05 Jan Why liability for inducing breach of contract needs reassessing?, The Lawyers Weekly, Focus on Business Law, vol. 29, No. 35 , (January 29, 2010)
Dismissed employees frequently attempt to bolster their wrongful dismissal claims by pleading economic torts. One of these increasingly pleaded economic torts is the tort of inducing breach of contract (the “inducement tort”), which imposes liability on an employer who intentionally procures a breach of its rival’s employee’s valid employment contract. The nub of liability underlying the inducement tort must be reassessed: treating liability as turning on the breach of a complainant’s contractual rights, rather than on an inducer’s wrongdoing, leads to unnecessary and unfortunate blurring between “interference” and “inducement” cases.
Arguably, the very classification “tort” suggests that the inducement tort ought to be concerned with the inducer’s harmful conduct. However, many operate under the popular but mistaken belief that the inducement tort gave us a tort focused on a complainant’s contractual rights. For example, in RBC Dominion Securities Inc. v. Merrill Lynch Canada Inc.,  S.C.J. No. 56, Merrill Lynch’s regional manager induced virtually all of RBC’s investment advisors to join his firm. Likewise, in Drouillard v. Cogeco Cable Inc.,  O.J. No. 1664, Cogeco’s manager instructed its co-contractor Mastec not to hire Drouillard, resulting in termination of his employment on the day it was to begin.
The nub of liability, in these leading inducement cases, is not that a complainant’s contractual right is being interfered with, but rather that a stranger to a contract intentionally procured the co-contractor to breach its valid employment contract with the complainant.
At the very core of inducement lies a rival’s conduct aimed at procuring a desired action on a part of an inducee. The inducement tort should be viewed as penalizing the inducer’s conduct, rather than compensating the complainant for the breached contractual rights. This conduct-centred theory of liability is reinforced by the fact that dismissed employees seeking to increase their damages typically plead reliance on the inducing employer’s pre-contractual inducements (i.e. conduct), rather than that their contractual relations with the initial employers were interfered with.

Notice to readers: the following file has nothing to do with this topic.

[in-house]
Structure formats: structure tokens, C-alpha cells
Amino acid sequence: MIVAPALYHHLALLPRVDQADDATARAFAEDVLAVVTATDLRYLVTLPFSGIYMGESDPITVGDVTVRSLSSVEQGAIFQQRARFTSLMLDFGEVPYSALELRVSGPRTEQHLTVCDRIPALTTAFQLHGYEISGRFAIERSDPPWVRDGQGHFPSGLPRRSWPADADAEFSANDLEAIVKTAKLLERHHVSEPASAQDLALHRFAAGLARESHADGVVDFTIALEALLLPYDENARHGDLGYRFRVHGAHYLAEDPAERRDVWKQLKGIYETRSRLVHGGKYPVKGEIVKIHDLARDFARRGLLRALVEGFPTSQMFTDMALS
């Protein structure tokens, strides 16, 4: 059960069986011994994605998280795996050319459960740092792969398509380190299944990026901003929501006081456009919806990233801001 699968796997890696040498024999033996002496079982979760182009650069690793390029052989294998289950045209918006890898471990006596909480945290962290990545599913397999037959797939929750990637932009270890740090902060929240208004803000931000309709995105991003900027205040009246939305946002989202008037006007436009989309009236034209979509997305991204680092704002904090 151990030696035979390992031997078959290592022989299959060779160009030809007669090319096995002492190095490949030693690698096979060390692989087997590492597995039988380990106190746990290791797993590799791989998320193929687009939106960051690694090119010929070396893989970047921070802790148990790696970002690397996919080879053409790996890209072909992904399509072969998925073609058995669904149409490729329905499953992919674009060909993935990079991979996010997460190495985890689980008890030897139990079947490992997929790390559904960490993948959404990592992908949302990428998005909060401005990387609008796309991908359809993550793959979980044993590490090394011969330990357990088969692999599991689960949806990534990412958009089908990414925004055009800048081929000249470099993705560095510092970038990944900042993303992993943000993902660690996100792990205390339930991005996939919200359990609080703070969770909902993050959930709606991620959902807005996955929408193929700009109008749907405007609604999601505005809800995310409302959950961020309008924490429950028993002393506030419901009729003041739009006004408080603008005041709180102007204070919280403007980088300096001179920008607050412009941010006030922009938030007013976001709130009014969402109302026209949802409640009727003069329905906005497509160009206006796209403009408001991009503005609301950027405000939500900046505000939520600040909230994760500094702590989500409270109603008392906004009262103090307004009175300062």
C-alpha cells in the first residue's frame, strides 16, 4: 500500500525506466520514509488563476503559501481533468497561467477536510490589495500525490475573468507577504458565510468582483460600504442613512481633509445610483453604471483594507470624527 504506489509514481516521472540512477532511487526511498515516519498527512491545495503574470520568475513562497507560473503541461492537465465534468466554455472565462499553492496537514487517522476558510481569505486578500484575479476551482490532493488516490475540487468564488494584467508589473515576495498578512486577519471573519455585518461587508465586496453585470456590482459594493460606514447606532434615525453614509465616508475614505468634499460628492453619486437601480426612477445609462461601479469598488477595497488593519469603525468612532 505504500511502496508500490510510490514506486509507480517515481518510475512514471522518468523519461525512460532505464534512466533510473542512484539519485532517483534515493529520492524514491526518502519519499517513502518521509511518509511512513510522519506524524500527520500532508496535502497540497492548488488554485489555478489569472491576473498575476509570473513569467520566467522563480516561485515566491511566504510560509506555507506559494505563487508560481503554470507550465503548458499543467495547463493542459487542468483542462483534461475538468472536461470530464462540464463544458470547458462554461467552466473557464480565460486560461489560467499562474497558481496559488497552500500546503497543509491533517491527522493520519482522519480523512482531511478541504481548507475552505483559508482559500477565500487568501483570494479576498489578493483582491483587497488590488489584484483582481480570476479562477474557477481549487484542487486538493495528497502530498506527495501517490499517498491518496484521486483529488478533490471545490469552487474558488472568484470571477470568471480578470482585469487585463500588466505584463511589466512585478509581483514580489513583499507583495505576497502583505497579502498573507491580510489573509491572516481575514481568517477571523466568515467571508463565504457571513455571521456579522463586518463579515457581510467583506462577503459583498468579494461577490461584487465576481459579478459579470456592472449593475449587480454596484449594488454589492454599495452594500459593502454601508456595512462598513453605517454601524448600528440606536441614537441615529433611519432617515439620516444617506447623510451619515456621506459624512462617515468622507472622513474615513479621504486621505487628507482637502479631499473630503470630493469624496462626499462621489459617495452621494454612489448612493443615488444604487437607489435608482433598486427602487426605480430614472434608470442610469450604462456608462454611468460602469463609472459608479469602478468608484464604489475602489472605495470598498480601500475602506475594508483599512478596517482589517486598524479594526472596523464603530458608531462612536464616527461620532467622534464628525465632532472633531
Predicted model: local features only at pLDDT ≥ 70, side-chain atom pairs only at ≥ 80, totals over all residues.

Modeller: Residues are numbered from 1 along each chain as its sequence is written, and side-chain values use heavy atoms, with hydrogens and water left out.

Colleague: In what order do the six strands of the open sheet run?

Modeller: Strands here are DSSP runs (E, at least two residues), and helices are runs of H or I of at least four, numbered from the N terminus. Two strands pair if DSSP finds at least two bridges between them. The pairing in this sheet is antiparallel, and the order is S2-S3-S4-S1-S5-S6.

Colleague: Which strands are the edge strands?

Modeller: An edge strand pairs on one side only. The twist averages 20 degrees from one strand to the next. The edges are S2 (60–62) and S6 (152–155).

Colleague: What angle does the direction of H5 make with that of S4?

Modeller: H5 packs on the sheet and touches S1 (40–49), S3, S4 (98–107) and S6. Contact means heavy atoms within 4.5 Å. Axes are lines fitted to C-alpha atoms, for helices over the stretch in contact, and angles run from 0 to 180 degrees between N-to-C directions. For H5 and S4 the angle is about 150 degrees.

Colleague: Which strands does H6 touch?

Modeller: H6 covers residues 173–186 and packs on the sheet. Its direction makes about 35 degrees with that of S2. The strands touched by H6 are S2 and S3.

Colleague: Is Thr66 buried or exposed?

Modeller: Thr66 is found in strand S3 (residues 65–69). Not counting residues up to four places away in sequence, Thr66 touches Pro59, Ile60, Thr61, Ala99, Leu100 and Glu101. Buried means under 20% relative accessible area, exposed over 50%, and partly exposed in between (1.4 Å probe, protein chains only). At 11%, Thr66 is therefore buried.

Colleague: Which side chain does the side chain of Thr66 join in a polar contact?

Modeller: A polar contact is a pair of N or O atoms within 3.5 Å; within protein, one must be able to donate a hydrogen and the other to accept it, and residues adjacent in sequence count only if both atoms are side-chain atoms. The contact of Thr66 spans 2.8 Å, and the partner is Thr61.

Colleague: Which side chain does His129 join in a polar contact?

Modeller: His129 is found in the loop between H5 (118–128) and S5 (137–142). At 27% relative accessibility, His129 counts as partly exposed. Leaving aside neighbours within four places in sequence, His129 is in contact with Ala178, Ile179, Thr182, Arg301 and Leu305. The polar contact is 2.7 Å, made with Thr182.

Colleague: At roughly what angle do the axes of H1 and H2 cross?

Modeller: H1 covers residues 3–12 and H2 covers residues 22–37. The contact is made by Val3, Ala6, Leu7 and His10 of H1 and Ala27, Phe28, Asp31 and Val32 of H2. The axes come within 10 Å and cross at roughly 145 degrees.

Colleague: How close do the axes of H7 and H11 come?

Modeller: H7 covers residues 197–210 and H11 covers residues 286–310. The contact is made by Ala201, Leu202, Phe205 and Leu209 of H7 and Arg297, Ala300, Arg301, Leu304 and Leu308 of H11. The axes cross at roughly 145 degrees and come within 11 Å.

RBC’s rival, Merrill Lynch, was found liable for $250,000 for having induced breaches of RBC’s employees’ contracts. RBC appears to validate the conduct- centred theory of liability, as the courts are beginning to recognize and attempting to remedy the commercial loss deliberately caused to the initial corporate employer through its corporate rival’s instrumentality, a subset of the remedy that Canadian employment law has yet to fully develop.
Obviously, it is not automatically improper to poach rivals’ employees, but legitimate competition does not justify interference with existing valid contracts. Simply causing an interference with the employee’s contractual relation with his employer is insufficient to trigger liability under the inducement tort. There must be procurement and the actual breach of the employee’s contract.
More specifically, the inducement tort demands: (1) the knowledge of contract; (2) intention to procure the breach of contract; (3) actual breach of contract; and (4) damage. The inducement tort, however, is peculiarly apt to be confused with the tort of causing loss by unlawful means.
Unlike the inducement tort, the tort of causing loss by unlawful means doesn’t require the existence of a contract or its breach. Designed only to enforce basic standards of civilized behaviour in economic rivalry, it is concerned with the defendant’s own wrongful interference causing economic loss by “unlawful means.” No intermediate party — as in the inducement tort — is necessary.
The tort of causing loss by unlawful means requires: (1) the defendant’s wrongful interference with the actions of a third party in which the plaintiff has an economic interest; (2) intention to cause loss to the plaintiff; (3) use by the defendant of unlawful means; and (4) damage in any form, for example, frustration of economic expectations.
Both torts have strict requirements of intention, but what the defendant intends is different in these two torts. In the tort of causing loss by unlawful means the defendant intends to cause loss, while in the inducement tort, to procure a breach of contract. Given the distinction between rationales of these torts, the courts should carefully distinguish between “inducement” of the breach and mere “interference” with contract cases.
The conduct-centred theory of liability clarifies the real nub for liability in the inducement tort. In concentrating on the complainant’s contractual rights, the courts ignore the inducer’s wrongdoing. But for the inducer’s wrongdoing, there could be no viable claim in the inducement tort.
In the absence of employers’ deliberate procurement causing breach of their rivals’ employees’ valid contracts, the liability should be discussed within the context of the tort of causing loss by unlawful means.